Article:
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SpaceX is Developing a Stainless-Steel Rocket Ship to Ferry People to Mars

Posted February 25, 2019

Elon Musk, founder of the world-famous aerospace manufacturing company SpaceX, has recently announced he‘s making some big changes to the rocket ship called Starship, expected to be deployed as part of his grand plan to settle people on Mars.

According to Musk, Starship is scheduled to be a massive – 180-foot-tall – fully reusable space craft equipped with the capacity of refuelling in low-Earth orbit and simultaneously propelling 100 passengers along with 100 tonnes of cargo towards the red planet.

Image credit: SpaceX

One of the changes, which Musk described as “radical” and “delightfully counterintuitive”, includes ditching carbon-fibre composites for as-yet-undisclosed stainless-steel alloys.

What’s got engineers around the world scratching their heads, though, is the proposed manner in which the juggernaut craft will cool itself off to prevent destruction in the atmosphere, namely – a trail of rocket fuel, which, Musk claims, will put up a barrier between the steel surface and the super-hot plasma generated as a result of friction with atmospheric gases.

Among those enthusiastic, yet cautious, about the new design is Walt Engelund, an aerospace engineer and Director of the Space Technology and Exploration Directorate at NASA Langley, who claims that successfully navigating a building-size ship populated with humans will be around 100 times more difficult than the agency’s biggest challenge to date.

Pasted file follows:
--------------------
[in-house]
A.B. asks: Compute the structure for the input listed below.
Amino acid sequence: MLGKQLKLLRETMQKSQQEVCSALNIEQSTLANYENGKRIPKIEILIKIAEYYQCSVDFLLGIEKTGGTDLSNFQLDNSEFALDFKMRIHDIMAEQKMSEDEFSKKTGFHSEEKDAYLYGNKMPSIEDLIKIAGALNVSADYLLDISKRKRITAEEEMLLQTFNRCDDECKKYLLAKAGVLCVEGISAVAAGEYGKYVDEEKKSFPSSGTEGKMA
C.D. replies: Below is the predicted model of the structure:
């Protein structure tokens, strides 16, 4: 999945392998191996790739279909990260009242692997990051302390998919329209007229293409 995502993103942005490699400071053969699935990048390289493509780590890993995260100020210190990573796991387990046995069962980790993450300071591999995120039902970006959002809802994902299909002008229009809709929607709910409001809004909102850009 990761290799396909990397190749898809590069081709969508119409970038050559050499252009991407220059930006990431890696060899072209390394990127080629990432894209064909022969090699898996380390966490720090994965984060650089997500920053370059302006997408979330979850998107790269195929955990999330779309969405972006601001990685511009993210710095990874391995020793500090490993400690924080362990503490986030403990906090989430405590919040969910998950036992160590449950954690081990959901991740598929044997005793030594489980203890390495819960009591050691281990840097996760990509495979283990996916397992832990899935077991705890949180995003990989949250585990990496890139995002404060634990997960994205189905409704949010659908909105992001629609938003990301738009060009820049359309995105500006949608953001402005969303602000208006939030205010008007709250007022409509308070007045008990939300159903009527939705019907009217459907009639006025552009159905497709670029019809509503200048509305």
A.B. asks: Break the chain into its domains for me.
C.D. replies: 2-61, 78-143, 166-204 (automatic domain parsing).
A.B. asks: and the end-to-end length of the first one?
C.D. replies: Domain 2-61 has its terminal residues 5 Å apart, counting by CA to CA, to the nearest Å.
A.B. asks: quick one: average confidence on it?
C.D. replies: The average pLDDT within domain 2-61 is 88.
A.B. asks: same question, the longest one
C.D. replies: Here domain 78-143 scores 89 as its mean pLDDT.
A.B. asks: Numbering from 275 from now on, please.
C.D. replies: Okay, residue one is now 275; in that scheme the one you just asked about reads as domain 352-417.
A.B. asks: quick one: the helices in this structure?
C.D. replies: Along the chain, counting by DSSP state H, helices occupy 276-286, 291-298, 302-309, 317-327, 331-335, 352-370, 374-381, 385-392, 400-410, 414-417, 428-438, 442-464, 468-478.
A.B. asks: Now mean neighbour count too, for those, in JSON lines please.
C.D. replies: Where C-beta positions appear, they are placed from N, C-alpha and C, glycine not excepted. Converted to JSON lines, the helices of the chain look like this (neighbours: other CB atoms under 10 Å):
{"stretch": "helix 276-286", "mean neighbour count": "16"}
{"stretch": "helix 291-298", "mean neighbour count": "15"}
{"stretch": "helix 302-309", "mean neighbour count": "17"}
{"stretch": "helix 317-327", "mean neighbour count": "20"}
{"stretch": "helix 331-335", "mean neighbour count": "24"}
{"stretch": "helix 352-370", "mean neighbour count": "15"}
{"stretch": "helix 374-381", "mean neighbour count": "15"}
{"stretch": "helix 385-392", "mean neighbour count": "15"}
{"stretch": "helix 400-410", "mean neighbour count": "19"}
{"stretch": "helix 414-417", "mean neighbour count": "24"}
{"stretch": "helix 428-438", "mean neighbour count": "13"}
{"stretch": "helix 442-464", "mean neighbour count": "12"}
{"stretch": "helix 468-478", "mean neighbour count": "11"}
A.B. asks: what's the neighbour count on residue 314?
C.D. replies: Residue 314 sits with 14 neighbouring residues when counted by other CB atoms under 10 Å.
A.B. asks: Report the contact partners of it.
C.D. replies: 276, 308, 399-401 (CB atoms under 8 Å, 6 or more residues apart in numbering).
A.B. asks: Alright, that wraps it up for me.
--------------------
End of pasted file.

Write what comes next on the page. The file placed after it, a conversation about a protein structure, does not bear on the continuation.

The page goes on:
Using a stainless-steel alloy could allow SpaceX to cut the costs of traveling to Mars and bring Elon Musk’s plan to settle humanity on Mars closer to fruition. Image: Steve Jurvetson via, CC BY 2.0.

“Large-scale entry, descent, and landing is something that NASA has been challenged by for decades. We’ve spent a lot of time and given a lot of thought to how we might do it at Mars,” Engelund said. “We’ve landed the metric-ton Curiosity rover – that’s the biggest thing we’ve ever put down on the surface of Mars”.

In order to make good on his promise to establish a colony on Mars by 2050, make the trip cost around the same as a house, and even offer free trips back, Musk said he chose steel because, among other reasons, it is about 67 times cheaper than carbon and, given his new design, might also be lighter than either advanced aluminium or carbon fibre.

A key challenge pointed out by some experts will be how to ensure the pores set to leak fuel for cooling purposes don’t get clogged.

Musk claims that more information on the design will be released in March/April following tests conducted with a prototype.


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